Our eaglet continues to grow to near adult size and further gain its first primary feathers. Continue to watch for increased pre-flight activity like jumping and stretching of wings, although we still have a good six weeks before an expected first flight.

The adults continue to bring in a bounty of food, but they are now leaving for longer periods and do not stay around as much supervising the safety of their now near adult-sized offspring. As this brief note is written, neither adult is at the nest tree.

Spring Update #4 - April 22, 2010
Earth Day 40th Anniversary

As our eaglet celebrates it's first 30 days in the nest, it continues to grow with the fine diet delivered on a regular basis by our two adults. You'll note that the first plumage is beginning to grow in, they are the darker patches you can see, and the young eagle will begin to preen itself of its first layer of grey down feathers with the growth of the new feathers.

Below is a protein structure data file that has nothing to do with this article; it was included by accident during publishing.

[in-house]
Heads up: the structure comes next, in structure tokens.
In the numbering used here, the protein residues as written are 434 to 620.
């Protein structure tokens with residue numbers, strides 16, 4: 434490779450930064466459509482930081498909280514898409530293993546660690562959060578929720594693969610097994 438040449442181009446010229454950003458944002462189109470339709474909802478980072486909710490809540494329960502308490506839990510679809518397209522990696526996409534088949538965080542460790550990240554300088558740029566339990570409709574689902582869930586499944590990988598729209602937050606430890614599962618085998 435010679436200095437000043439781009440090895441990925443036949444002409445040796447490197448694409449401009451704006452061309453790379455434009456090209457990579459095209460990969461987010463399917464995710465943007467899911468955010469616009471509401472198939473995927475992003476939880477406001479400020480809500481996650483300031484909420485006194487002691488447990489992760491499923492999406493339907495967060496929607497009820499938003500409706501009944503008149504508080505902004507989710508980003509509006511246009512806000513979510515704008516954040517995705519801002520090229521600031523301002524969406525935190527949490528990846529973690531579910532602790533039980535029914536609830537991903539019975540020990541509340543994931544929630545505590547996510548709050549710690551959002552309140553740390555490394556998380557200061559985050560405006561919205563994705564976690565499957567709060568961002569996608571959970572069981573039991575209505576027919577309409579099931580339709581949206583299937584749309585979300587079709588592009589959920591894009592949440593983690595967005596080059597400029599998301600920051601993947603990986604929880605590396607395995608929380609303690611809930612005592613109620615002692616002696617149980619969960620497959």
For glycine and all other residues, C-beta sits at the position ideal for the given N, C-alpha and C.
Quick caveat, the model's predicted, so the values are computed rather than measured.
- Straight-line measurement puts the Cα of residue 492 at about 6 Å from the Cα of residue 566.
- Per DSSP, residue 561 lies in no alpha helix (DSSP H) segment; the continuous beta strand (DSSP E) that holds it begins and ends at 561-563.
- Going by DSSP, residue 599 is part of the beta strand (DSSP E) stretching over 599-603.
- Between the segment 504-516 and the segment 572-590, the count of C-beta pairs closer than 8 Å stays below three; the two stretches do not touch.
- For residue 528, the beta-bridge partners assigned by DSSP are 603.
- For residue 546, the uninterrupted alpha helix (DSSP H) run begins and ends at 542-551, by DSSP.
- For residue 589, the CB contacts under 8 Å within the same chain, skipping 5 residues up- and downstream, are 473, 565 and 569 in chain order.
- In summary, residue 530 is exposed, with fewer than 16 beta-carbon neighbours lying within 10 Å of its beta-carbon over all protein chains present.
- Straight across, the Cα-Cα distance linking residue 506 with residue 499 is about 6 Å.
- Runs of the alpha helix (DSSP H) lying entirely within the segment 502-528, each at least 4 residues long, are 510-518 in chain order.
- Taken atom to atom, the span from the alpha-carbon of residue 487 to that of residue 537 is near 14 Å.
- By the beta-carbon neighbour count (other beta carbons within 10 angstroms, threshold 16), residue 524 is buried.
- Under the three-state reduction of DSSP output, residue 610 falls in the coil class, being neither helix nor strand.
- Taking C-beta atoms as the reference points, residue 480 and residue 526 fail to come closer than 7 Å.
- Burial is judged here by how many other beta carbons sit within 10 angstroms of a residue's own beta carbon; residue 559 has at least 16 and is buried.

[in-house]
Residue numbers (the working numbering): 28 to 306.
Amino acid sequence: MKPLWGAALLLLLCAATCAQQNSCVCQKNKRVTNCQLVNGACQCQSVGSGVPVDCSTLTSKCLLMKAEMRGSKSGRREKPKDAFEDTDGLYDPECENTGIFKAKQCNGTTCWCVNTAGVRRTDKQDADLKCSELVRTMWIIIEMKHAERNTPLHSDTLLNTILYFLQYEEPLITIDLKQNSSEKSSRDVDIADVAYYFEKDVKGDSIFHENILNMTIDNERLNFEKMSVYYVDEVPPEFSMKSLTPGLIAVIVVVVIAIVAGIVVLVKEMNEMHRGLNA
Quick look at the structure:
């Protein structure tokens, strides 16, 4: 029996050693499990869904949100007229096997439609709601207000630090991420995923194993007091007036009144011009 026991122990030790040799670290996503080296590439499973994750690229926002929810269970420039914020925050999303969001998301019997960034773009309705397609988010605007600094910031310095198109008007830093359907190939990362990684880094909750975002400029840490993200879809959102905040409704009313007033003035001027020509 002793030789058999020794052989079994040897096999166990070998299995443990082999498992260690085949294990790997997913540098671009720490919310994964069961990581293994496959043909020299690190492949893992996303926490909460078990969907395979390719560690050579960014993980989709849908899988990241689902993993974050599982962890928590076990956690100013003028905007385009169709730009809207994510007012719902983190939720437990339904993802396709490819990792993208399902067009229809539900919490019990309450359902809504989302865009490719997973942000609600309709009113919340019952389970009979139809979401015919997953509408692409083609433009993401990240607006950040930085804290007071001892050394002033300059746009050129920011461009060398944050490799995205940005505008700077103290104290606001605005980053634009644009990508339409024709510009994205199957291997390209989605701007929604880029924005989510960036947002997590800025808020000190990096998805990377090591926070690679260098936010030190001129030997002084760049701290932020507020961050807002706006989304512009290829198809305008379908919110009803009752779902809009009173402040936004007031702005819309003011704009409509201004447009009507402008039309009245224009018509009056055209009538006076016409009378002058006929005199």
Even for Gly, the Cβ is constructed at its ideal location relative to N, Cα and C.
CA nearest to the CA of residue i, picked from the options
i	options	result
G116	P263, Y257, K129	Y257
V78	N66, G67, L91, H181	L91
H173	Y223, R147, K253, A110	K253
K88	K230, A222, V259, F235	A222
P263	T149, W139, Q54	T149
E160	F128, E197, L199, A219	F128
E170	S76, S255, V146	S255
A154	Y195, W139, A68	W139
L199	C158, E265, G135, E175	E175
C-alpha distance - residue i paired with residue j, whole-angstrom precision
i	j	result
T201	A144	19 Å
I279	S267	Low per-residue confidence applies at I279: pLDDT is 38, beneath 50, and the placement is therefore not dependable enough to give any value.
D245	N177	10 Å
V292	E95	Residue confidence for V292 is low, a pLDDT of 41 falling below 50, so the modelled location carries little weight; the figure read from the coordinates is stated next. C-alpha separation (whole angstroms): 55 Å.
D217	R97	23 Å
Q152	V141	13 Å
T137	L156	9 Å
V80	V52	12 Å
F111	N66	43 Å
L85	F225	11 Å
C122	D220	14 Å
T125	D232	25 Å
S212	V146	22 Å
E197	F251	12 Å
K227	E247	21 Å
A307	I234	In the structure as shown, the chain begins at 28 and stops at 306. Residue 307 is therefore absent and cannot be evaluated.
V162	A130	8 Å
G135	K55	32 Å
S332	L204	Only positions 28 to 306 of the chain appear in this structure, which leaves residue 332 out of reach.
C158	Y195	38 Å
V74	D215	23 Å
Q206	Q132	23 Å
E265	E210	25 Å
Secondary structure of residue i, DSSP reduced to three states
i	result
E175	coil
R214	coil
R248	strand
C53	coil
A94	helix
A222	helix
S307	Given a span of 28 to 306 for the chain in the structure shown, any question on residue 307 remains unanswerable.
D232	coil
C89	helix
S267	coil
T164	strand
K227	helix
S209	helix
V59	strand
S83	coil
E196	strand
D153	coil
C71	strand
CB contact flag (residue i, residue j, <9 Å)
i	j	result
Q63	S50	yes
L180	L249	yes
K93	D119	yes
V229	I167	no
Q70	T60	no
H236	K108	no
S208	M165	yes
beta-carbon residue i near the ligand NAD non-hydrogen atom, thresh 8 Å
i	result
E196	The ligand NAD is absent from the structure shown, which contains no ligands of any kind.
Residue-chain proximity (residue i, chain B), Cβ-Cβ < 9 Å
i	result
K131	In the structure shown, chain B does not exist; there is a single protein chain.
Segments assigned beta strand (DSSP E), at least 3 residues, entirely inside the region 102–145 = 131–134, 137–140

While the adults will still feed the eaglet, it has opportunities to pull off food from the various fish and other prey left in the nest. It is also quite mobile and able to move around the nest. Again, note that even when you see no adults in the nest, they are almost always perched in the tree, keeping close watch.

Once the first plumage is more developed, you'll be able to note the first pre-flight exercises-jumping and flapping. But don't expect that for a few more weeks yet. Remember the time from hatch to fledge is about 12 weeks, and this eaglet hatched on March 21, so the fledge will occur in late June.

Happy Earth Day.

Spring Update #3 - April 12, 2010

Our eaglet continues to grow at a rapid rate. They usually fledge about 12 weeks after the hatch.